- Free access to all WORQ locations costs $134.
- A day pass costs between $7 to $10.
- Virtual office services cost $37 per month.
This working space in KL offers mentorship programmes for members, amenities include a recreational lounge, pantry, nap pods, wellness area, nursing rooms and a photography studio.
- Hotdesk membership costs $122 per month.
- A daily pass costs $9.50 and a weekly pass costs $36.
- Virtual office service costs $36 per month.
One of the largest coworking networks in Asia, Common Ground has made its presence at 13 locations including Bangkok, Manila and Pasig City. If you’re a member, you have global access. This coworking space is complete with refreshments and perks from Common Ground’s corporate partners and business support services.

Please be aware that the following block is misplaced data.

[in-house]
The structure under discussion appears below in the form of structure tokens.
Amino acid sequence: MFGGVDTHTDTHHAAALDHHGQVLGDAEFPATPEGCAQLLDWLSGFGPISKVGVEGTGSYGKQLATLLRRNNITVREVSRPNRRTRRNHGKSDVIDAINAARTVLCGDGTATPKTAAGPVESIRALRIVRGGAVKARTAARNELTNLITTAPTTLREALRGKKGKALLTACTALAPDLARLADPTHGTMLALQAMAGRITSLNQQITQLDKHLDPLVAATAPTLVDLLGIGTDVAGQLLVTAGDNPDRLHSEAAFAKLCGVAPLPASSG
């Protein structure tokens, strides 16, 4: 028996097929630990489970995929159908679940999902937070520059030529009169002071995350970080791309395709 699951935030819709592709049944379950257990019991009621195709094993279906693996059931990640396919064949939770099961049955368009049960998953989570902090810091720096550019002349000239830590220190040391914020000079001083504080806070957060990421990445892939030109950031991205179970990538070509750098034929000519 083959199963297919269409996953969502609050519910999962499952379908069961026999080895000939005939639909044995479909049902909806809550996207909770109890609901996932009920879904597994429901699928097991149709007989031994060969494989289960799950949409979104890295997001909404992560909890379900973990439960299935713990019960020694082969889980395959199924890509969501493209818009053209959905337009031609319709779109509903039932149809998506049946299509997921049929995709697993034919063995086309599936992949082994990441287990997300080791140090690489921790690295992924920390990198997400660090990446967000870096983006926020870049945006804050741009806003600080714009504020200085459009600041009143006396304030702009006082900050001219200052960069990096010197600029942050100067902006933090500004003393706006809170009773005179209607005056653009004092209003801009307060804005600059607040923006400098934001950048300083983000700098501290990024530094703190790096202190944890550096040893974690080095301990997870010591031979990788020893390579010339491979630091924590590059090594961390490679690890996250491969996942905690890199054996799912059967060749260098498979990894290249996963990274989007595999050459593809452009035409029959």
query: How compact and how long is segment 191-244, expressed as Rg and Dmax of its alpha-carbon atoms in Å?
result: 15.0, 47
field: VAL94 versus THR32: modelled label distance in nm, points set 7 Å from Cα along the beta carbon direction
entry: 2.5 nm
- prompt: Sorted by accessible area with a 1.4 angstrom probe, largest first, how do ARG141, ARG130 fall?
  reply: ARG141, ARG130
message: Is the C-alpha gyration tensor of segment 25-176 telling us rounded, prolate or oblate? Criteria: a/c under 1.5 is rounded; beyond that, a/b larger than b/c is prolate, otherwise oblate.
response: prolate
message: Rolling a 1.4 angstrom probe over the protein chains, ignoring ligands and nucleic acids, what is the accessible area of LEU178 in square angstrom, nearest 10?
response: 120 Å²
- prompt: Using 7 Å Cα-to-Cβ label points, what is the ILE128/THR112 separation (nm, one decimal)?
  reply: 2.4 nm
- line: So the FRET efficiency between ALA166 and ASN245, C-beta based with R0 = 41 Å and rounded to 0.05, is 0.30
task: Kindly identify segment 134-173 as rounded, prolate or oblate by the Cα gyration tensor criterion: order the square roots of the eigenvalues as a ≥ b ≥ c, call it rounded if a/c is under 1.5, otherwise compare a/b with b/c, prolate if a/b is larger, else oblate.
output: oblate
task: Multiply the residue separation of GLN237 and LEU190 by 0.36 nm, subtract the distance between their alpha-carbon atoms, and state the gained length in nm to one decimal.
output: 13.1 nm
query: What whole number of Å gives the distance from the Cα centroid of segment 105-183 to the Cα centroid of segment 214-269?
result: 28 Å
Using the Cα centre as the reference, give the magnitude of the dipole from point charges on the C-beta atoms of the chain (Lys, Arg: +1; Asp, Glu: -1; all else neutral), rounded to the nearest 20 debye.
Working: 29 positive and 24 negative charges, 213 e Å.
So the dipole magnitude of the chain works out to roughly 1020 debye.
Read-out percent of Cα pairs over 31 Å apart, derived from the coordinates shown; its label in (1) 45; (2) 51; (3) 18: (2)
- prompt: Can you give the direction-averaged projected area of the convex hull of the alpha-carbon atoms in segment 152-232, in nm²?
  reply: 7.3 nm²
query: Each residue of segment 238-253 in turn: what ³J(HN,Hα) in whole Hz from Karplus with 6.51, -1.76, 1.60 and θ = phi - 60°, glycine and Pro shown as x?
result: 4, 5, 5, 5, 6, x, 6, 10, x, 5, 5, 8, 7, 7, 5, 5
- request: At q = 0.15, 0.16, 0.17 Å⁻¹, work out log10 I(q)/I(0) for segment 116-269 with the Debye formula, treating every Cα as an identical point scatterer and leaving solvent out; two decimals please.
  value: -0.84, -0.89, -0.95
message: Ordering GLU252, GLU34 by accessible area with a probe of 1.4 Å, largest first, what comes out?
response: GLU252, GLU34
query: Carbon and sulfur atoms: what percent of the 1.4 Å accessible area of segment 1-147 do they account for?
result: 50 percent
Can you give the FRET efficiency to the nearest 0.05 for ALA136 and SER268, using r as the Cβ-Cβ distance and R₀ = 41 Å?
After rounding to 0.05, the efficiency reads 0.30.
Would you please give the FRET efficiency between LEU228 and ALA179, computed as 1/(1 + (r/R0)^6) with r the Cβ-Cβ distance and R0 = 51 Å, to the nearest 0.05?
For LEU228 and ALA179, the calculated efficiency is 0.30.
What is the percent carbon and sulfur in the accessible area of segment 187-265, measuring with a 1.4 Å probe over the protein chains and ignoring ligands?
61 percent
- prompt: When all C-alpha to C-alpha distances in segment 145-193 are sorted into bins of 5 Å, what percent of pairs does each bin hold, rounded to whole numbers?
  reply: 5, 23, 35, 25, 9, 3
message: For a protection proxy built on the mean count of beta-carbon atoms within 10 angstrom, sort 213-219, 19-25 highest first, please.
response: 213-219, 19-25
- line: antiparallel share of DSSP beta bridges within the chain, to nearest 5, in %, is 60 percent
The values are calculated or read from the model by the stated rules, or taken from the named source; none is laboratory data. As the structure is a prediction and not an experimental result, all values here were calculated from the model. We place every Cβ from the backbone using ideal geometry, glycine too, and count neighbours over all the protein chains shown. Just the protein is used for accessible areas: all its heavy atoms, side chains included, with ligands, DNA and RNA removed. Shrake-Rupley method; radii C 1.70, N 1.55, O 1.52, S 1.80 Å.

- Membership costs $97 per month.
- Virtual office solutions cost $85 per month.
The Colony is a stylish co-working space with amenities including a front concierge, pantry, printers and scanners, common lounge, in-house cafe. Selected branches have a nap area, kids’ play area and with additional charges, you can access the gym, pool, and spa centre.
- Hot desk membership costs $83 for 100 hours per month or unlimited access at $100 per month.
- Virtual office solutions cost $29 per month.
WeWork is a well-established co-working space headquartered in New York with offices around the globe and two in Kuala Lumpur. Amenities (in selected offices) include wellness rooms, mother’s rooms, common area, pantry and an Architecture materials library, barista bar, and showers.
Hot desk membership begins at $147 per month.